Aluminum bromide is an inorganic binary compound. The substance is a salt of aluminum and bromine-hydrogen acid. Outside, these are colorless monoclinic crystals. In solid and liquid state, it exists in form of a dimer. Its molar/atomic mass is 266.69.
The anhydrous aluminum bromide is a colorless crystalline substance melting at temperature of 97,5 °C. Its temperature of boiling in a liquid state is 255 °C.
The substance is highly hygroscopic: in the open air, it becomes diffuse, easily absorbing moisture with formation of the hexahydrate AlBr3•6H2O. It is well soluble in water, alcohol, carbon sulphide, acetone. The interaction of aluminum bromide with water is accompanied by an extremely violent reaction with emission of a large quantity of heat and a leakage of reaction mass. It fumes in the open air.
The commercial use of aluminum bromide is relatively insignificant at the moment. Aluminum bromide belongs as the main component to xylene electrolytes for electric precipitation of aluminum coatings. The anhydrous aluminum bromide is used in organic synthesis, in particular, in the alkylation reaction or Friedel-Crafts reaction by analogy with aluminum chloride.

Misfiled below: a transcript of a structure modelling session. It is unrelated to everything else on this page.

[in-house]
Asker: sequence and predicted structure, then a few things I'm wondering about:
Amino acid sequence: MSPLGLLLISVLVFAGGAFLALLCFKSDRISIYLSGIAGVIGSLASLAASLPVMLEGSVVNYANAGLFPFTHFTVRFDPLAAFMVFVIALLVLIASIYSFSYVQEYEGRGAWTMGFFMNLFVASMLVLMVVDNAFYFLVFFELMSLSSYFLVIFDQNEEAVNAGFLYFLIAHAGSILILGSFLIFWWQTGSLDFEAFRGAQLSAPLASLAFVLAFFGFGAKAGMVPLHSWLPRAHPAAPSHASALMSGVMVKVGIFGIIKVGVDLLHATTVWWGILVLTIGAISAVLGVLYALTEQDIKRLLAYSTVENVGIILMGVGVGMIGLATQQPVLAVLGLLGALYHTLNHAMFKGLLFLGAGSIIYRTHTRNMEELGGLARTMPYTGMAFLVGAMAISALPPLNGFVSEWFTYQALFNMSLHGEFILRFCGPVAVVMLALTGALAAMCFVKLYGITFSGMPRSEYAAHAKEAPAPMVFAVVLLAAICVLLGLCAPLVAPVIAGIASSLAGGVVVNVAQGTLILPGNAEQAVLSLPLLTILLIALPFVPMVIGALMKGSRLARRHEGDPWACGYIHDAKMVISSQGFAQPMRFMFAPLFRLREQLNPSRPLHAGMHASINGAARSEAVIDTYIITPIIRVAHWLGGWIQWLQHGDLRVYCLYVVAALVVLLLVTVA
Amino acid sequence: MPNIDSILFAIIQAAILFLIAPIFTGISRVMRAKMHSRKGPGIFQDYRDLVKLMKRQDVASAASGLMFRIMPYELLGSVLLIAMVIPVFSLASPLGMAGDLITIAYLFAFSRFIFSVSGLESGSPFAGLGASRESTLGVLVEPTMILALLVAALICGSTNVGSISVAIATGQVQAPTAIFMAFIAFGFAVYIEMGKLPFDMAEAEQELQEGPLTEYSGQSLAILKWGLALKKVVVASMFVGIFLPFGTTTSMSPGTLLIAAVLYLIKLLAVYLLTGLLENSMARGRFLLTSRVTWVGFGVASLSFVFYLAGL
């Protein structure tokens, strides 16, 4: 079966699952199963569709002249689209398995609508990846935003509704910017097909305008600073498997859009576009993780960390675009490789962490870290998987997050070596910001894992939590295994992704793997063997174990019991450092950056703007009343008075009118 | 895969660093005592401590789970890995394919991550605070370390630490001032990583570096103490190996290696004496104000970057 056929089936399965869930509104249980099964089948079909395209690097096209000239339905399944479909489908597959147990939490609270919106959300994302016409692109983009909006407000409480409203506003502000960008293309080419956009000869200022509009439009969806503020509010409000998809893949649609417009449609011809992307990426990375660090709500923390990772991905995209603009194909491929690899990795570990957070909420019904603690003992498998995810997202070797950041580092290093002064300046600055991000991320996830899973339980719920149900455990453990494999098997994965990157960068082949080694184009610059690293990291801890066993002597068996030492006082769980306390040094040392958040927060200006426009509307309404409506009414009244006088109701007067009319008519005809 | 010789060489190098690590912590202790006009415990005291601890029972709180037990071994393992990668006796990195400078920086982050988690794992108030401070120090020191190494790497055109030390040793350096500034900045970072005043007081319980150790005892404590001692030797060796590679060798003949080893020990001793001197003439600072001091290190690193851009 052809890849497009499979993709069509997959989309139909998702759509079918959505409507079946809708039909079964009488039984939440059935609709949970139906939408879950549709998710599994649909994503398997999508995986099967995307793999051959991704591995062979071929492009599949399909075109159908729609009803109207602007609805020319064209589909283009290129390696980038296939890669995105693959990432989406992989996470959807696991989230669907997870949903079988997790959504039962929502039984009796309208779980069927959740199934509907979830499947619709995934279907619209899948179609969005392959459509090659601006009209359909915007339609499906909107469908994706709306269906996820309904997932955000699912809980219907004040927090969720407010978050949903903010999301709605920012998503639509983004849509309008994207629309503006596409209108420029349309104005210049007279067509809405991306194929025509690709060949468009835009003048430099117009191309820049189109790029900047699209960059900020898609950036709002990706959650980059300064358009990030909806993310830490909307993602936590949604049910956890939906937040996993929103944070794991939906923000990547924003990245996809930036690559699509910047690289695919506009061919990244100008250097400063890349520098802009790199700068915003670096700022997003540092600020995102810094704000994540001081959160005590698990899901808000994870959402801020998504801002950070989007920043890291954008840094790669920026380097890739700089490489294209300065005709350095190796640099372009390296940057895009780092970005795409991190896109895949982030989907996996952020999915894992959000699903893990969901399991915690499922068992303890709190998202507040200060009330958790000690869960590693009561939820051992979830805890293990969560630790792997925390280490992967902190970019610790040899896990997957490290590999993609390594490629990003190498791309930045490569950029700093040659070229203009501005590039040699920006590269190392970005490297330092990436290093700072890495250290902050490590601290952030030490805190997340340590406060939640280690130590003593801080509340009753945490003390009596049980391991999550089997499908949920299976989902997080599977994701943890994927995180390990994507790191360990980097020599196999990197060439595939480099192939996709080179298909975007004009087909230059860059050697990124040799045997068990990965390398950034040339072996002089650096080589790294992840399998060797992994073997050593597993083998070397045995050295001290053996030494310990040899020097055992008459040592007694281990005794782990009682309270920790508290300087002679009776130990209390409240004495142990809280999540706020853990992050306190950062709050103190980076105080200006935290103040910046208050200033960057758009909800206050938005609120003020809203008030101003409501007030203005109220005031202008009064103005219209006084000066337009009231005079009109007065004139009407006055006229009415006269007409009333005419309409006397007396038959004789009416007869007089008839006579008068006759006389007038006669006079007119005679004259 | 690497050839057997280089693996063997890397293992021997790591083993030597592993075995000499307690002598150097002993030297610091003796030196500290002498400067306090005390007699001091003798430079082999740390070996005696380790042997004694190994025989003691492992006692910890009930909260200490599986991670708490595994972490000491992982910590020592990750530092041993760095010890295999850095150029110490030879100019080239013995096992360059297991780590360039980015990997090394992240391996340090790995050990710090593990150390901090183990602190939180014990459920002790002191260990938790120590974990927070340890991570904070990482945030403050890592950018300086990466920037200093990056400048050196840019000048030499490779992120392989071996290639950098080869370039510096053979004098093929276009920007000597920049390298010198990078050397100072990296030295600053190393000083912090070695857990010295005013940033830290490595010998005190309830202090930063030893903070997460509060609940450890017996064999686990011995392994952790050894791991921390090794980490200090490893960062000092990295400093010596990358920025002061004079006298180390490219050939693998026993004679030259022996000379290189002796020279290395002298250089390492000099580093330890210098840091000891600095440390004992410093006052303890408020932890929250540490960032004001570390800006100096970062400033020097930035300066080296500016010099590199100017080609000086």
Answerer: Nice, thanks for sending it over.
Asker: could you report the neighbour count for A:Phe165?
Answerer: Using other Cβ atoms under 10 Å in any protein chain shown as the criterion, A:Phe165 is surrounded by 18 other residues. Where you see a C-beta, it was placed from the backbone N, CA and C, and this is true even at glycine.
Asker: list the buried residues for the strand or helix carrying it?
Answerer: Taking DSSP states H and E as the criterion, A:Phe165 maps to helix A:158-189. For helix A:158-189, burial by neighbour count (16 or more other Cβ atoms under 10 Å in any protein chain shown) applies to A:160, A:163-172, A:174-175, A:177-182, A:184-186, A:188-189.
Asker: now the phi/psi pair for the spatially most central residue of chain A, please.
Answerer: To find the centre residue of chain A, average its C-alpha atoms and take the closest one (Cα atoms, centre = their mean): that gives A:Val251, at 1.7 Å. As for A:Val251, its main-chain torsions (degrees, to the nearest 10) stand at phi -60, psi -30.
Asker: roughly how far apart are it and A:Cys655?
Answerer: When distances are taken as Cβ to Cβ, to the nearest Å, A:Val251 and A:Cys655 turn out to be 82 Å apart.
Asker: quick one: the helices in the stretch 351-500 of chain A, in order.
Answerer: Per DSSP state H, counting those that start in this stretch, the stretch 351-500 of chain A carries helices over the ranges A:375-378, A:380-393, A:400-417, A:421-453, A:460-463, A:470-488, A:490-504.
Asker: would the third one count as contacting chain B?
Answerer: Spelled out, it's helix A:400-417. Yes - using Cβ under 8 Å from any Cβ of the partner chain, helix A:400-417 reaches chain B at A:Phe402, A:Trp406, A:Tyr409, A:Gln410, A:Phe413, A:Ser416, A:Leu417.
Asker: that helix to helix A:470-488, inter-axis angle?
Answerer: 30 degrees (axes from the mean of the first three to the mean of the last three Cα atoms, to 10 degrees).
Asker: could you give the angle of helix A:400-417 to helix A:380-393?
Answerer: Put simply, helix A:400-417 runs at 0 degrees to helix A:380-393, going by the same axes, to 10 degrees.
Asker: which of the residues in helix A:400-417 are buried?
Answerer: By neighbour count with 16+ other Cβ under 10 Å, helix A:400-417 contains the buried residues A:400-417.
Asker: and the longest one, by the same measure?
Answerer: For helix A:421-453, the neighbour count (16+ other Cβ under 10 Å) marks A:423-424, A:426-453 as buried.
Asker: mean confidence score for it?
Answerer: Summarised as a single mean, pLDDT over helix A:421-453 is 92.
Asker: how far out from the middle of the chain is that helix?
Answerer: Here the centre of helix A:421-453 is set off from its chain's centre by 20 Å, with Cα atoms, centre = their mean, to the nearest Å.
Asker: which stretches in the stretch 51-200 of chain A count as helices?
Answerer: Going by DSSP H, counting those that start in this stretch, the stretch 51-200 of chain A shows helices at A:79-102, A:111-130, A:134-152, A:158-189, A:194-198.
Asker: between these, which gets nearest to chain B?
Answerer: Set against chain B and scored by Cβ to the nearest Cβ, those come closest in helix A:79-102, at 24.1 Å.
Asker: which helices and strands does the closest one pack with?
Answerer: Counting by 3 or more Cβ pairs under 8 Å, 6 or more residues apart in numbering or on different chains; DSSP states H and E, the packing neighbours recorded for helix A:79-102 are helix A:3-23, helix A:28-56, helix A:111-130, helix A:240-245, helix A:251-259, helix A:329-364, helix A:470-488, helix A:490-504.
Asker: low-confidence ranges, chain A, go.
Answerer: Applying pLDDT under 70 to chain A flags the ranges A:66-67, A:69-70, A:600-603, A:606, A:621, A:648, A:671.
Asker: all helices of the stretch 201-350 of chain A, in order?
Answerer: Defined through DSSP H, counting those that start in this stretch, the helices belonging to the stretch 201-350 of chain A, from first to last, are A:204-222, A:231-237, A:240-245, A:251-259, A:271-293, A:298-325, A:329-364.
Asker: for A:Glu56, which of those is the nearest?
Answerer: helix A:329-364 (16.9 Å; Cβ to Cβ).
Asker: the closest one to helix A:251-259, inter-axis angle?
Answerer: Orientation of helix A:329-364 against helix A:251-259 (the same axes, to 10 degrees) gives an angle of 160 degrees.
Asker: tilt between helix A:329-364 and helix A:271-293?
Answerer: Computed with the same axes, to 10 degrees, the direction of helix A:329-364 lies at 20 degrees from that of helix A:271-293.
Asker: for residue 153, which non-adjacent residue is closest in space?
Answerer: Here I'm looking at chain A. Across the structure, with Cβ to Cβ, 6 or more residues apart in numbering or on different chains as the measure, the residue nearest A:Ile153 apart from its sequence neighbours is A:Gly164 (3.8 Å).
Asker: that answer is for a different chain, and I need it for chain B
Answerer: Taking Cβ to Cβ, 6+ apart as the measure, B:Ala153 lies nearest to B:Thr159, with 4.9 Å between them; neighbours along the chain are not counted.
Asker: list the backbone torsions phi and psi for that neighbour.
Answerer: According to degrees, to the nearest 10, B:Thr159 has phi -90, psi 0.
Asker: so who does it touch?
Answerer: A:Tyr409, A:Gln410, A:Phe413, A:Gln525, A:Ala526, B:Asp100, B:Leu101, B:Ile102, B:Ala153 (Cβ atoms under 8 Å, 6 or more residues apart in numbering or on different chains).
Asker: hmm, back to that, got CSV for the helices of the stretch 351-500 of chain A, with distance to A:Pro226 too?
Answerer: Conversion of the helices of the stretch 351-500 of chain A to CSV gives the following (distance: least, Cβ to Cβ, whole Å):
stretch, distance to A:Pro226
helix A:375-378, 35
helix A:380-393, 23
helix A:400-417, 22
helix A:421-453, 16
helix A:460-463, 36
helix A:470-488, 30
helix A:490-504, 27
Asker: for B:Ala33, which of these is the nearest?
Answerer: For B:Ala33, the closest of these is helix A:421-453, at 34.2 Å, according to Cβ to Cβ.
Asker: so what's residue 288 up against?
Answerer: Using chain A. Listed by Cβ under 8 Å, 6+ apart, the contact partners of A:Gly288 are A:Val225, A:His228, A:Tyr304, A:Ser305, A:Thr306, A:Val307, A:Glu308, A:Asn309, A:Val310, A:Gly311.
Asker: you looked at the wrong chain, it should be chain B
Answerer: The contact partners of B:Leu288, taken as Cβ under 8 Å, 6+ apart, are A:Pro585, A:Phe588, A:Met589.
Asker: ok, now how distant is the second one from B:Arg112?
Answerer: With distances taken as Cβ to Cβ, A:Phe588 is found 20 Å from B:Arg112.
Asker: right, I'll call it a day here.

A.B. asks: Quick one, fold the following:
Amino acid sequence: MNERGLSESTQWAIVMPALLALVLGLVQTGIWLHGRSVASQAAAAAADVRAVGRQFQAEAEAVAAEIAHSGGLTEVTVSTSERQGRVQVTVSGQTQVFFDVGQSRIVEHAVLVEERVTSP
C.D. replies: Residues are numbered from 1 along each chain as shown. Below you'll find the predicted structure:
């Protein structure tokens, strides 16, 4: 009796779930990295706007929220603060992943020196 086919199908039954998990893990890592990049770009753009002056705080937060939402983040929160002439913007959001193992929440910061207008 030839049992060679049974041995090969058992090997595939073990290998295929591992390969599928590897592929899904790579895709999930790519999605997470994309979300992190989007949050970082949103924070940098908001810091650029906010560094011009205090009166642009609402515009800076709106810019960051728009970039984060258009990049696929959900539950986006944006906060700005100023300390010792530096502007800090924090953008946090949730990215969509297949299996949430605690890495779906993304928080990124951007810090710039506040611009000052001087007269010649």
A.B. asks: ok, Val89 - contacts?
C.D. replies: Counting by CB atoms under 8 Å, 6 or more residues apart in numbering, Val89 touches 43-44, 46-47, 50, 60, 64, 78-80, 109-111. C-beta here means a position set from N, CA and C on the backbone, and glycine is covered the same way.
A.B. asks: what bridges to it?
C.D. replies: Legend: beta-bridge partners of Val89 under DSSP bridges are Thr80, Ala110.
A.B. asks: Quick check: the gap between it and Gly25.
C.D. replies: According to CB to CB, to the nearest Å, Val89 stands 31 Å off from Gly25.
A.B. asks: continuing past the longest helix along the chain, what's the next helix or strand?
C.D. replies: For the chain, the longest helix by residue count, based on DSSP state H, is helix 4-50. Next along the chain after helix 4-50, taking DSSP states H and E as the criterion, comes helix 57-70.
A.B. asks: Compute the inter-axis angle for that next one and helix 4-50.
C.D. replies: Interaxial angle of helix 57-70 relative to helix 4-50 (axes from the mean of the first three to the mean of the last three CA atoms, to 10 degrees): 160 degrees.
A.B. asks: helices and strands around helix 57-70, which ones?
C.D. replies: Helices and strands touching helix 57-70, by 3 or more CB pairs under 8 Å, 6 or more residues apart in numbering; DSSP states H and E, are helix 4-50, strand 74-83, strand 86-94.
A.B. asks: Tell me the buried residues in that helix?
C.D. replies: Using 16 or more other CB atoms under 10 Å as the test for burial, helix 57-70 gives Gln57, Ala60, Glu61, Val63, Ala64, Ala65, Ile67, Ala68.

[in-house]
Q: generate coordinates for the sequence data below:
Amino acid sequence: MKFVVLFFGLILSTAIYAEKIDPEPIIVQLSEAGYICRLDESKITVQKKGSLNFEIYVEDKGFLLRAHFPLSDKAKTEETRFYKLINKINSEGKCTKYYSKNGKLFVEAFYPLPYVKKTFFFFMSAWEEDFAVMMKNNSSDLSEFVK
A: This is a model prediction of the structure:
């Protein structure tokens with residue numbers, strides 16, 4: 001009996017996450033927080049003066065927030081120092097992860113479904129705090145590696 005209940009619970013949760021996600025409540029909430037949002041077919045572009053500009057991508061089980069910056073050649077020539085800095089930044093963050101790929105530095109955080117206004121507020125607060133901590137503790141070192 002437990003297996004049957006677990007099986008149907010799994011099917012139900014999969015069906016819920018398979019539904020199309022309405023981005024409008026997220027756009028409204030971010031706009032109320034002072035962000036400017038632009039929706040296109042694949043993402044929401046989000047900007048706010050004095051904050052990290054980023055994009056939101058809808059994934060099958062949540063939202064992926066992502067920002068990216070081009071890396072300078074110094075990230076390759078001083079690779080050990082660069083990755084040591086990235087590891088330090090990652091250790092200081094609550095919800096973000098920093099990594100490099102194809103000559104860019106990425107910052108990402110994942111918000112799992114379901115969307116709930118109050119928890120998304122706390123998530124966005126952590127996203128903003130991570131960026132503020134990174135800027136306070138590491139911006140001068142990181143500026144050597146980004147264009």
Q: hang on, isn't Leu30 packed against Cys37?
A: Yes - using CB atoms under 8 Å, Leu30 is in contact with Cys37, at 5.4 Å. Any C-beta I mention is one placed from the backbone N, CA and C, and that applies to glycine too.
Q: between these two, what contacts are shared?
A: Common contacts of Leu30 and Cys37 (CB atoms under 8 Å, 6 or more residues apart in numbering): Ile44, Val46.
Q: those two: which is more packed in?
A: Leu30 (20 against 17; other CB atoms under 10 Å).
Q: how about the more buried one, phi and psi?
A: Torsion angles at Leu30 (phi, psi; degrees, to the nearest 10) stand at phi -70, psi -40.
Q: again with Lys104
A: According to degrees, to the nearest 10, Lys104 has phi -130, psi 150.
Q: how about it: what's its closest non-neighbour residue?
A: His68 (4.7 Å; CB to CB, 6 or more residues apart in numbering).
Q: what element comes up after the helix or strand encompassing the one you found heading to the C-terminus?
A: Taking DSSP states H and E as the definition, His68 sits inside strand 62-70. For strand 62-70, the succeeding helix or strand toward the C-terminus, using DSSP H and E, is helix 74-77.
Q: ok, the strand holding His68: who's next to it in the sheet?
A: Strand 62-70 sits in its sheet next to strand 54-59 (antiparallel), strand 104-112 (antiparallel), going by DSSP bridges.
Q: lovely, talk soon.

While contacting with the skin, aluminum bromide can scald. The compound is moderately poisonous.
The application of aluminum bromide is relatively small. However, aluminum bromide is the main component of xylol electrolytes for electric precipitation of aluminum coatings. The anhydrous aluminum bromide is also used in organic synthesis, in particular, in an alkylation reaction, which is also called Friedel-Crafts acylation. This compound can be catalyst in a bromo-alkanes` isomerizating reaction. Aluminum bromide can also be used as bromating agent, for example, in a reaction with chloroform.
Formula for Aluminum Bromide
The structure of a molecule of aluminum bromide represents the twinned tetrahedrons, in the center of which the aluminum atoms covalently bound to bromine atoms are located. The coordination number of aluminum bromide in a molecule is equal to 4.
In solid and liquid phase, aluminum bromide exists in form of a dimer Al2Br6 partially dissociating in AlBr3.
Its empirical formula (Hill’s system) is the following: AlBr3.
Its structural formula is: Al2Br6
The anhydrous aluminum bromide is received by interaction of elements (Al and Br2) at heating:
2Al + 3Br2 = Al2Br6
Its aqueous solution can be received by a reaction of aluminum shavings with bromine-hydrogen acid:
2Al + 6HBr = 2AlBr3 + 3H2 ↑
Properties for Aluminum Bromide
Molar mass 266.69 g/mol
Melting Point 97.8 °C (208.0 °F; 370.9 K)
Boiling Point 265 °C (509 °F; 538 K)
Density 3.205 g/cm3